Richard Bartlett on depression and entrepreneurship
When I first started working for myself, I soon learnt that the 40hr week was a really bad fit for me. When inspiration strikes, I would get a surge of creativity that might last for a week or two, where I’d spend every waking moment working like a maniac. Then I would spend a week or two in a lower energy state, reading books, meeting with people, drinking lots of coffee, not getting much done. When I learnt to just ride that wave, my anxiety left me. Before that, I had been stressing out whenever I wasn’t being productive. Learning to just go with it was a huge step up in my day-to-day contentment. Trying to force myself into a 9-5 box just wasn’t working.
I think entrepreneurs are particularly susceptible to depression, as they tend to be the kind of people that:
- are dissatisfied with the status quo,
- have to deal with huge uncertainty and immense pressure,
- have manic bursts of creative energy that inevitably come down at some stage,
- have their identity wrapped up in a project that is statistically quite likely to fail.
Mental health is something we care a lot about in our start-up. Most of us have some experience of depression. In fact, as we’ve been through the mill together, we’ve learned that everyone has their own symptoms when we’re under stress, e.g. one person loses their decision-making ability, and I turn into a jerk who leaves no space for other people’s opinions.
As we’ve come together to build an organisation from scratch, we’ve prioritised well-being. For instance, most of our meetings start with a ‘check-in’, where everyone is invited to share how they’re feeling, before we start talking about work. This one practice is probably the most important thing we do to maintain our health as an organisation. Practising paying attention to how your feeling, and then articulating it, is hugely effective in maintaining your mental health. And it means that people are really quick to reach out with support if you’re ever feeling low. Anytime I’m feeling stressed out, my colleagues spring into action to see what they can take off my plate. That is amazing.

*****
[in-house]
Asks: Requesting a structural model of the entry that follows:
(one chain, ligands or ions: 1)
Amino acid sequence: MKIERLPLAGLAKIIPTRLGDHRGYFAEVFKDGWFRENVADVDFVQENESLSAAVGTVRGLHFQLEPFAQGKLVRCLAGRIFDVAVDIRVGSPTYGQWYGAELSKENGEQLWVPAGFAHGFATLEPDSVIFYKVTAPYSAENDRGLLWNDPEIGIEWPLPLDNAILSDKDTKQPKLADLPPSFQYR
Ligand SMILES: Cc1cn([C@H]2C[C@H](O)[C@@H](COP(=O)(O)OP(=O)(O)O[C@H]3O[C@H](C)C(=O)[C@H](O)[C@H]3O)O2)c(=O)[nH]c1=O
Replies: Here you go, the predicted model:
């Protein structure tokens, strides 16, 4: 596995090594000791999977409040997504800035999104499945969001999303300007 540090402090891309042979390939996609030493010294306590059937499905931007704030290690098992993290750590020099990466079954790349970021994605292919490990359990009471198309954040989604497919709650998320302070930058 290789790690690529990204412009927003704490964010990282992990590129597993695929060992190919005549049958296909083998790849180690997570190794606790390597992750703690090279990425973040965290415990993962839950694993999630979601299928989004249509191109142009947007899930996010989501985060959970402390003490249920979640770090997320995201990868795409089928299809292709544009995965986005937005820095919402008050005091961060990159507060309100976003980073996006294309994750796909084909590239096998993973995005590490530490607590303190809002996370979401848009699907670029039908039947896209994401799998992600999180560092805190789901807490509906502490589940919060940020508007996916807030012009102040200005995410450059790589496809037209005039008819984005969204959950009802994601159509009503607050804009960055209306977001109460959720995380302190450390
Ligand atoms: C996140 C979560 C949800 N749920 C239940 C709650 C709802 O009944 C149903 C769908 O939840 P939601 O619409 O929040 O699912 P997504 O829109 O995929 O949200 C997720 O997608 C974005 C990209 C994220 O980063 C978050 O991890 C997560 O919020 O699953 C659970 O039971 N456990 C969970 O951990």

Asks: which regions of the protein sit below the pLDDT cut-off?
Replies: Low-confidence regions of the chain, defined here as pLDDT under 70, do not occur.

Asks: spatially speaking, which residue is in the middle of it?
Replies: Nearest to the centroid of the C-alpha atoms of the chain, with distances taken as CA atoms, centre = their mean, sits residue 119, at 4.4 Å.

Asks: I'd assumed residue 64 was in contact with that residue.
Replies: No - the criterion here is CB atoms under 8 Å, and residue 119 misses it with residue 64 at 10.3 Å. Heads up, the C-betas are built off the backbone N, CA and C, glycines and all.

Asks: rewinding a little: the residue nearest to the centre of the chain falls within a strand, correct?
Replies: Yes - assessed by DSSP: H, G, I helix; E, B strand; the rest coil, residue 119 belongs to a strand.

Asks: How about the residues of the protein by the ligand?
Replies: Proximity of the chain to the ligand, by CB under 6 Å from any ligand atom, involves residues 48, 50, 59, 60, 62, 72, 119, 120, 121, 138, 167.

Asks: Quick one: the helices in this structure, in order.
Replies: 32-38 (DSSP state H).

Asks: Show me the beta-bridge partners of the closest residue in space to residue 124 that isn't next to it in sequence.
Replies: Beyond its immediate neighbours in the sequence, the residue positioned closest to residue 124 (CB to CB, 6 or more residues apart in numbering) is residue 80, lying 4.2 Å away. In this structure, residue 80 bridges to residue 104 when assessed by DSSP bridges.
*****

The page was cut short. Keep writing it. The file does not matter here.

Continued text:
Being a part of the Enspiral network is really key too. We are basically just a big group of friends that are all going through similar experiences, so everyone’s really good at looking out for each other. We go away together for a weekend out of the city every 6 months. Developing those community relationships, spending some time in nature, sharing our hopes and dreams… that stuff is all key to maintaining a healthy state of mind.
The thing is though, it really takes work to develop this kind of culture, it doesn’t just happen. It is something we consciously invest in, both at Loomio and Enspiral. The other factor that contributes to us all feeling engaged in our work is that we are solving meaningful problems, and we operate democratically, so there’s no stupid boss telling me what to do!